Fatboy Slim on why we need dance music more than ever
David Roy quizzes Fatboy Slim, AKA Norman Cook, about the Brighton-based superstar DJ and producer's ongoing tour – his first big arena shows since the start of the pandemic – which arrives in Ireland in March...
:: YOU headlined the Telegraph Building in Belfast last month as part of your We've Come A Long, Long Way tour – how did that go?
All the gigs that I've done since lockdown have been joyous, in that people just need to reconnect: nothing can really replace the experience of being in a room with a whole load of like-minded people really getting into loud music. The levels of abandon and joy and escapism have hit new highs with all these shows.
I think the one at the Telegraph Building was all the more so, because it had been postponed twice because of Covid. So, the fact that we were all there and all together was really something to celebrate.
It was just when Omicron was kicking in too, so it felt like 'this might be the last chance we have to do this'. We had this one little window to really have a good night out.
:: What was it like getting back to live appearances in the wake of such a long lay-off?
The first one back was really weird because I've never not played for 18 months before in my life. At my age , you get this sort of fear of 'what if it doesn't work?' and you kind of just have to tell yourself 'look, it does work'.
So yeah, there was a lot of nerves involved. The first show I did was that government 'test night' [for post-lockdown live music events] at Circus in Liverpool in May 2021 and my approach was just to treat it like it was New Year's Eve – because that's how people were feeling.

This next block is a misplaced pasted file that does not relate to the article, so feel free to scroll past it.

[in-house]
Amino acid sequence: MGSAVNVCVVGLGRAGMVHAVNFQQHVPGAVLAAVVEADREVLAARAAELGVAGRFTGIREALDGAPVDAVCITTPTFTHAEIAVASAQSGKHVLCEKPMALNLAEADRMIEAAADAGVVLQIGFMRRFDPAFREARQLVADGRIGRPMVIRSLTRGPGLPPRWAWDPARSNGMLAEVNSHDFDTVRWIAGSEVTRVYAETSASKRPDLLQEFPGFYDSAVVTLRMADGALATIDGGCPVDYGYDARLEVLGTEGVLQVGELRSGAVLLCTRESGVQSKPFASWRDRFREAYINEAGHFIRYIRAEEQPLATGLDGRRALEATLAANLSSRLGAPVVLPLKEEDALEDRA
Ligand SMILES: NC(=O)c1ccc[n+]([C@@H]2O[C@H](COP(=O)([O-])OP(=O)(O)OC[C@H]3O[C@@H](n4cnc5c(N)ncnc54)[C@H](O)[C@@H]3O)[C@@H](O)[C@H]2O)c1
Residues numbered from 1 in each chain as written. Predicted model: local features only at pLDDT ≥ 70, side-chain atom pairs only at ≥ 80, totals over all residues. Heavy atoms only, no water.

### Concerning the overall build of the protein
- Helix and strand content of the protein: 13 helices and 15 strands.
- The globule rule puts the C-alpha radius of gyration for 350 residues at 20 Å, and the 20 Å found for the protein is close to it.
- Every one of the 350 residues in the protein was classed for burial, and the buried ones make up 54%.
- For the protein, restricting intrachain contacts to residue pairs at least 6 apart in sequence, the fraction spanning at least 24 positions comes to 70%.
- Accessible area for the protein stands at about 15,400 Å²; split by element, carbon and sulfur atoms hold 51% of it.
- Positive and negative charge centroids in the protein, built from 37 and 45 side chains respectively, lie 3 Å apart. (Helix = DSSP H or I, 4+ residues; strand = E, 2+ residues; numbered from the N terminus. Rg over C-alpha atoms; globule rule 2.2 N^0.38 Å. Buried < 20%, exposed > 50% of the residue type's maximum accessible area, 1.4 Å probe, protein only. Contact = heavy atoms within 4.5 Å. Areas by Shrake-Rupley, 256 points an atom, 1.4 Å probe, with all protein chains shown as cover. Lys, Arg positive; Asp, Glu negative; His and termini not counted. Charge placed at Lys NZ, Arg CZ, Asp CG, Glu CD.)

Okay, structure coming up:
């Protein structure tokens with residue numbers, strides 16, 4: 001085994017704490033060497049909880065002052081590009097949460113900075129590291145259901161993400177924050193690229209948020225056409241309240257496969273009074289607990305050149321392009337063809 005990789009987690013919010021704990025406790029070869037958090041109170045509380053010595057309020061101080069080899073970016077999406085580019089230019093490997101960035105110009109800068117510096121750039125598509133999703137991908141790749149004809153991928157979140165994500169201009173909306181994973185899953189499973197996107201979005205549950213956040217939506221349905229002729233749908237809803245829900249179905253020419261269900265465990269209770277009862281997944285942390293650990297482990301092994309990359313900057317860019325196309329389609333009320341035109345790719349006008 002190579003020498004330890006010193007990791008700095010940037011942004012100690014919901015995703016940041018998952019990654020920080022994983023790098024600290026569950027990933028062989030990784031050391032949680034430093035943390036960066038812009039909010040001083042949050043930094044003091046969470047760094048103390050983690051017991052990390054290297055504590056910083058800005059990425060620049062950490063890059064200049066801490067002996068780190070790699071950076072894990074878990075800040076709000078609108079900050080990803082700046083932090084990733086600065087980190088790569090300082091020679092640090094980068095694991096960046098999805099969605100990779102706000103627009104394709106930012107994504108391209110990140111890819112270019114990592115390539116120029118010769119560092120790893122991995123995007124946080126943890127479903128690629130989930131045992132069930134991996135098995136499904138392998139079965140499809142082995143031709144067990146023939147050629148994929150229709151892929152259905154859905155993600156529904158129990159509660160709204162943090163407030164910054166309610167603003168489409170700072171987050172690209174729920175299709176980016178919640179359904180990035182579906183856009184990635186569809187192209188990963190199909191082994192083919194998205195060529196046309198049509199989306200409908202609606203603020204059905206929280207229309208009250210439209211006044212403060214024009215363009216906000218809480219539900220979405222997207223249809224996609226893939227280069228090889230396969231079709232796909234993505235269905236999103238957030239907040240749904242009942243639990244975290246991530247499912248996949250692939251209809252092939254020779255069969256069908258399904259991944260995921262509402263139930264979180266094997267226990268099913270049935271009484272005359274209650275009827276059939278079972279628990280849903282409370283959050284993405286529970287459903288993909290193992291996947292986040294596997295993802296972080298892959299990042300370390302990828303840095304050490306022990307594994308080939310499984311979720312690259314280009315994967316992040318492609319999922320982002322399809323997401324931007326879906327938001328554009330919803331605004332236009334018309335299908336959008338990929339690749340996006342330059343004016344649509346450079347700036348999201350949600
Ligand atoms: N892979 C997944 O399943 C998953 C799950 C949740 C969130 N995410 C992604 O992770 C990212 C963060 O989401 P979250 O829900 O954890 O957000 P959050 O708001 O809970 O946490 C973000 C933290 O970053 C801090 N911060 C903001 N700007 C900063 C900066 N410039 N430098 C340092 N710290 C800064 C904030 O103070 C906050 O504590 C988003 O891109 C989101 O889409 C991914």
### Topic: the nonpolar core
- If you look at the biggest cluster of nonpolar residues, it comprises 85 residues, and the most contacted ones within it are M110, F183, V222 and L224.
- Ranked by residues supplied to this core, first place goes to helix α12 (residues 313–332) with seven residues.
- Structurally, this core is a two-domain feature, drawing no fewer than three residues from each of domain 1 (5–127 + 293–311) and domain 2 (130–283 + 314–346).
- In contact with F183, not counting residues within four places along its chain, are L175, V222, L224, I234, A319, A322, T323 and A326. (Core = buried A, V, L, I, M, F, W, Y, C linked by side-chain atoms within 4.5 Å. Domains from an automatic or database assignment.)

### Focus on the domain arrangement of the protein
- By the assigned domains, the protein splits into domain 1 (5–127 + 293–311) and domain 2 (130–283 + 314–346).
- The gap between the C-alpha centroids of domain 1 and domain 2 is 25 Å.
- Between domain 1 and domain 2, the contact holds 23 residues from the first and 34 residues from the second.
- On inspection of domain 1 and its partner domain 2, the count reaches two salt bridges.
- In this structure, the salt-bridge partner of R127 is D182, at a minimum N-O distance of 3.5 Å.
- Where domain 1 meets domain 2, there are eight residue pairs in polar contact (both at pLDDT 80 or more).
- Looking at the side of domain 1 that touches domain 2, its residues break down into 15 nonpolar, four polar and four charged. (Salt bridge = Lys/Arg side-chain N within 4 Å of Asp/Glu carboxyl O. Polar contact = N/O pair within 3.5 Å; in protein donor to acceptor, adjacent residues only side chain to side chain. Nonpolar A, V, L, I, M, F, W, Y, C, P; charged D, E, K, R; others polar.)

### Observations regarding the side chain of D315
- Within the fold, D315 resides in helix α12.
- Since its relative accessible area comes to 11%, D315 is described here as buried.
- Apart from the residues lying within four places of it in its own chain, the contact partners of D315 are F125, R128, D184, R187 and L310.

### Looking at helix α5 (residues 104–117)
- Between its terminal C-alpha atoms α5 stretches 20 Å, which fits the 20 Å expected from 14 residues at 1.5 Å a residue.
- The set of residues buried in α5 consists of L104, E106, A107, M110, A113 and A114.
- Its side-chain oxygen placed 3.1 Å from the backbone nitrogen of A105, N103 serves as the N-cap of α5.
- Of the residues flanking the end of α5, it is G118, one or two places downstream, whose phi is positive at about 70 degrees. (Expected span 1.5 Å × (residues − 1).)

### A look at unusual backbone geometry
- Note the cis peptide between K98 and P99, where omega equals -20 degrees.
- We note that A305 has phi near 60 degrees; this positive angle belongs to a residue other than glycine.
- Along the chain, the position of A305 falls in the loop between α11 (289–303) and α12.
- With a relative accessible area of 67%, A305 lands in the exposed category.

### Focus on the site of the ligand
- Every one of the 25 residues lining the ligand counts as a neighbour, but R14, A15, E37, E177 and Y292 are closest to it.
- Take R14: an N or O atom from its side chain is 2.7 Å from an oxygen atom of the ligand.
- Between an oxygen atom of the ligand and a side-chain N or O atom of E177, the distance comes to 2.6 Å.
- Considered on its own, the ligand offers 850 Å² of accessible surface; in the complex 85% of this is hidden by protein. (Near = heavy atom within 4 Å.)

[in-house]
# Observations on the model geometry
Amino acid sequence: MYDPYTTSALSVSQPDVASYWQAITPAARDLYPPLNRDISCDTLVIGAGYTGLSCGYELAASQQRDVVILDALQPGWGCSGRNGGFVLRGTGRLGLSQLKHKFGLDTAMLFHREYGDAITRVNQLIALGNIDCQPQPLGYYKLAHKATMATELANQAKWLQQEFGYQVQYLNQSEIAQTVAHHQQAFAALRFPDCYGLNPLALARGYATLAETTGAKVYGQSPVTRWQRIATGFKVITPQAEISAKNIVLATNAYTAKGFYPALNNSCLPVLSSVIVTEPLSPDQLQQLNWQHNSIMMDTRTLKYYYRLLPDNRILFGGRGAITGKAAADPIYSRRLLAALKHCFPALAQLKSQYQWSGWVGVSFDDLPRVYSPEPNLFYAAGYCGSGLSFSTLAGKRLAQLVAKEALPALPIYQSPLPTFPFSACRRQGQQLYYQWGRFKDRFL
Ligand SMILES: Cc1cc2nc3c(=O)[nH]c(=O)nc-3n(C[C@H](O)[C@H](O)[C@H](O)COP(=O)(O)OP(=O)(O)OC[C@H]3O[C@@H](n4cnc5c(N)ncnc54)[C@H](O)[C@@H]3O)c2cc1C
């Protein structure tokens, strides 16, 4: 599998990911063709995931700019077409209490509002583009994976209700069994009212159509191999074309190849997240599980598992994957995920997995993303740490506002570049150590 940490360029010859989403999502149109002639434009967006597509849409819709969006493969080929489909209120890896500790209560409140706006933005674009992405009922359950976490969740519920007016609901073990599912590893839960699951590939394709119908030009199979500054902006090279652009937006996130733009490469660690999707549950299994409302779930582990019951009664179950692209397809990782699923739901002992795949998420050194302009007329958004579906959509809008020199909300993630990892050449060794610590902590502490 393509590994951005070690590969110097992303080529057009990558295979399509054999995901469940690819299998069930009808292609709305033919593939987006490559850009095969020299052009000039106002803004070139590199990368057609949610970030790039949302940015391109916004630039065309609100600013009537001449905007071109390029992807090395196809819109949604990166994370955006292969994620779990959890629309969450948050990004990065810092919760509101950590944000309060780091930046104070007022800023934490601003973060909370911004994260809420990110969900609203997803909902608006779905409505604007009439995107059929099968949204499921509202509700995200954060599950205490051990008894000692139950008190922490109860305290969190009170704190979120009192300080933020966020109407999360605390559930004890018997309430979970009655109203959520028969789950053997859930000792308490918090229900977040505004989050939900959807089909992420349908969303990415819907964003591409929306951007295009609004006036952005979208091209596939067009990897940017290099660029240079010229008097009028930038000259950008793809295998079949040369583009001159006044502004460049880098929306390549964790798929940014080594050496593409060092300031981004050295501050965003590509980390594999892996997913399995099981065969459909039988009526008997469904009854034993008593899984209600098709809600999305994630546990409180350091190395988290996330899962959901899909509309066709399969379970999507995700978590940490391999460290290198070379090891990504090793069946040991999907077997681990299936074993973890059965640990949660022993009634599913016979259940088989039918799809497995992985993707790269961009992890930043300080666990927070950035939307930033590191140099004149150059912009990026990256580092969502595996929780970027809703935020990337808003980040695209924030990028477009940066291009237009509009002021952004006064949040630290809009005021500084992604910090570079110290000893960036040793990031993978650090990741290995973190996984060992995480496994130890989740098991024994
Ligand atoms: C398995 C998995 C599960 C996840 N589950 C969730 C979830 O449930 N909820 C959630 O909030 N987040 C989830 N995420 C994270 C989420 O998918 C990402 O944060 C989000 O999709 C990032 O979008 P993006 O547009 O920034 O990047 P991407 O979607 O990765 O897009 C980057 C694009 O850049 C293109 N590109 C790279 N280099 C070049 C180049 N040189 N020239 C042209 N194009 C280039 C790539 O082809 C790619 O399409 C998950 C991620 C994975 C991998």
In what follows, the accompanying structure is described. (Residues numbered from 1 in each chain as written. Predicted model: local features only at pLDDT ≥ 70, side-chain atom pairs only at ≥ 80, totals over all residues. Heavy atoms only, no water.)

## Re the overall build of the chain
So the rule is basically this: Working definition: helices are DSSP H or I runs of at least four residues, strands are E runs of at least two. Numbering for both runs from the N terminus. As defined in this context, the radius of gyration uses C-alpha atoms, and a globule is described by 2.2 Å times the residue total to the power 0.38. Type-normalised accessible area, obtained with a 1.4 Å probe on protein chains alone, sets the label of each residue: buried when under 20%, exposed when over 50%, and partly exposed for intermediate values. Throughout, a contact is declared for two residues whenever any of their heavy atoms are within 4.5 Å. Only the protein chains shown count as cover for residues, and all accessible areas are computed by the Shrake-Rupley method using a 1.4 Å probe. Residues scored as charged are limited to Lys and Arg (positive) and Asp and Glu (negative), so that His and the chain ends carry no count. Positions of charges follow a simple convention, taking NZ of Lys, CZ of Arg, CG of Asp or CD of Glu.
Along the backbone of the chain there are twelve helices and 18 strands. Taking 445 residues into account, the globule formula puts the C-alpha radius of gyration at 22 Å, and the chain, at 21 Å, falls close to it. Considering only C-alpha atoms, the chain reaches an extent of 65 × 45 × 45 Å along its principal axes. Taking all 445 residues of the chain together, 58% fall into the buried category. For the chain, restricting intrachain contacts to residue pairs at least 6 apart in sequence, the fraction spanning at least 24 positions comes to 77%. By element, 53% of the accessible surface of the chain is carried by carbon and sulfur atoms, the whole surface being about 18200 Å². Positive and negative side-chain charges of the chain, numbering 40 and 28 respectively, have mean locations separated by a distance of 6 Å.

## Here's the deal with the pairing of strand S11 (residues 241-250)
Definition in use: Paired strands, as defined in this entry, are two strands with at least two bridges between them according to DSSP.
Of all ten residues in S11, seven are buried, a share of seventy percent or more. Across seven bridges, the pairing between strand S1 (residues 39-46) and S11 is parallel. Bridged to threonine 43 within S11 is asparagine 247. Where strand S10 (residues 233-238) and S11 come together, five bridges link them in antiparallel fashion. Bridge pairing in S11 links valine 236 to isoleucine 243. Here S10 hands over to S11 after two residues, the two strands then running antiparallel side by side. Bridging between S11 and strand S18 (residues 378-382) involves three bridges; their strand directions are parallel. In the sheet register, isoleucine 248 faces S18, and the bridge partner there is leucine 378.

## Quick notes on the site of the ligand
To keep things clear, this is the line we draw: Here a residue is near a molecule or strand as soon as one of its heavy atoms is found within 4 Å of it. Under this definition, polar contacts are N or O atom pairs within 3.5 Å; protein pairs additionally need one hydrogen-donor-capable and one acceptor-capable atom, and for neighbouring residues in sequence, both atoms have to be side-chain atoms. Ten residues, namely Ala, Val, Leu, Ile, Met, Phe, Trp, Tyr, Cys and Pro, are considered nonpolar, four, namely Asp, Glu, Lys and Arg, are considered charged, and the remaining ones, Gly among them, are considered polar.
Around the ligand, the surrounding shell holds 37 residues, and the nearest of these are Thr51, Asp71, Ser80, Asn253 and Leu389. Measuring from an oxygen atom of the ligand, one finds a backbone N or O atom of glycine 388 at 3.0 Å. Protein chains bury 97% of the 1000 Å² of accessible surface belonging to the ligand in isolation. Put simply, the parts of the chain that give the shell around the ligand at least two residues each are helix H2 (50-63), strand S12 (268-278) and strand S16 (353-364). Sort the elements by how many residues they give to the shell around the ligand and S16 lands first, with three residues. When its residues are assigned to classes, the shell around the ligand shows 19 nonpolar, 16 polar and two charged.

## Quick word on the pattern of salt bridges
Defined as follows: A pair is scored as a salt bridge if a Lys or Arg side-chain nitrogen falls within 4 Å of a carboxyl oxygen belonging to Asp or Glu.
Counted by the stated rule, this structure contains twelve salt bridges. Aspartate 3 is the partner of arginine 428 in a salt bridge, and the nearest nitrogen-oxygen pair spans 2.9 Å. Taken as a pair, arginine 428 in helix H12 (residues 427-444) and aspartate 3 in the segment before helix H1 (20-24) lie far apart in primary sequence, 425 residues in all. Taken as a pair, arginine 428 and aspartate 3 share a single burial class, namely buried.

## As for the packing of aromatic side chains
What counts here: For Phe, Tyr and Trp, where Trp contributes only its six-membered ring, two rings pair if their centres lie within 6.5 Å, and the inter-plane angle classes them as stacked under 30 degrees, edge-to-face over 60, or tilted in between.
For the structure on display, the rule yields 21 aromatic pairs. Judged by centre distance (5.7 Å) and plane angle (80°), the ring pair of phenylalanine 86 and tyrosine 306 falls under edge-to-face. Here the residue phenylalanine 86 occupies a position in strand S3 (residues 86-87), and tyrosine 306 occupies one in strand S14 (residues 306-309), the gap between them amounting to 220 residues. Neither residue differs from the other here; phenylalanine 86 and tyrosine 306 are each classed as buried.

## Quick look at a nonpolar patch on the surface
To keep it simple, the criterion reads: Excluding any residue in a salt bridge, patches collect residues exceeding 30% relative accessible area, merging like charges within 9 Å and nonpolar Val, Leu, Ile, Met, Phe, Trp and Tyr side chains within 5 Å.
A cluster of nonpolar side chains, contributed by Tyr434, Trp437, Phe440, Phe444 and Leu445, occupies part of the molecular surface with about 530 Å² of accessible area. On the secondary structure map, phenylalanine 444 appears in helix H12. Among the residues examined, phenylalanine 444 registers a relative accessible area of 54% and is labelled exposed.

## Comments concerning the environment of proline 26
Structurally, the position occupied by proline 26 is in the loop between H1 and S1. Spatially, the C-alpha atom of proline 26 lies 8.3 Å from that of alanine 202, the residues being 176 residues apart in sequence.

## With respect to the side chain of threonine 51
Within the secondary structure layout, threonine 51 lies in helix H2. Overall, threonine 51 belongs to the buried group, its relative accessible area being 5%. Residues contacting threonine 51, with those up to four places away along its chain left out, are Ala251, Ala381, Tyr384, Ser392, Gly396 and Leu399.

Once I got going all the nerves quickly dissipated. It was like, 'oh yeah, I remember how this works', and Christ, it actually worked better than ever. Our job is to help people escape from the tribulations of their lives for a couple of hours and let off steam. Bringing people together to do that is needed now more than ever. We all need to collectively escape what we've been going through.
:: What was the first tune you played?
My opening tune was Don't Stop The Music [Kideko & Saffron Stone's recent hit] and then my finishing tune was Free by Ultra Naté – and then I ended up playing the a capella just to really finish people off.
I mean, "everybody's free to feel good, everybody's free to do what they want to do" – that song took on a whole new meaning after being cooped up for 18 months. I think it achieved a new level of anthemic status that night.
:: How hard is it to judge what a crowd want to hear?
I'm always looking at the crowd and trying to communicate with them, and it's a two-way communication: I'm trying to encourage them to lose themselves in music and dance and they're telling me where to go next – and in this day in age they often hold up signs or hold up their phones spelling things out to me, so you don't have to be quite so intuitive.
That's the difference between a band playing and a DJ: the band have an agenda, they've had to rehearse a set and then they're also trying to sell their new album or whatever it is, but as a DJ you've got no agenda whatsoever other than doing whatever it takes in that moment to have the utmost fun and escape.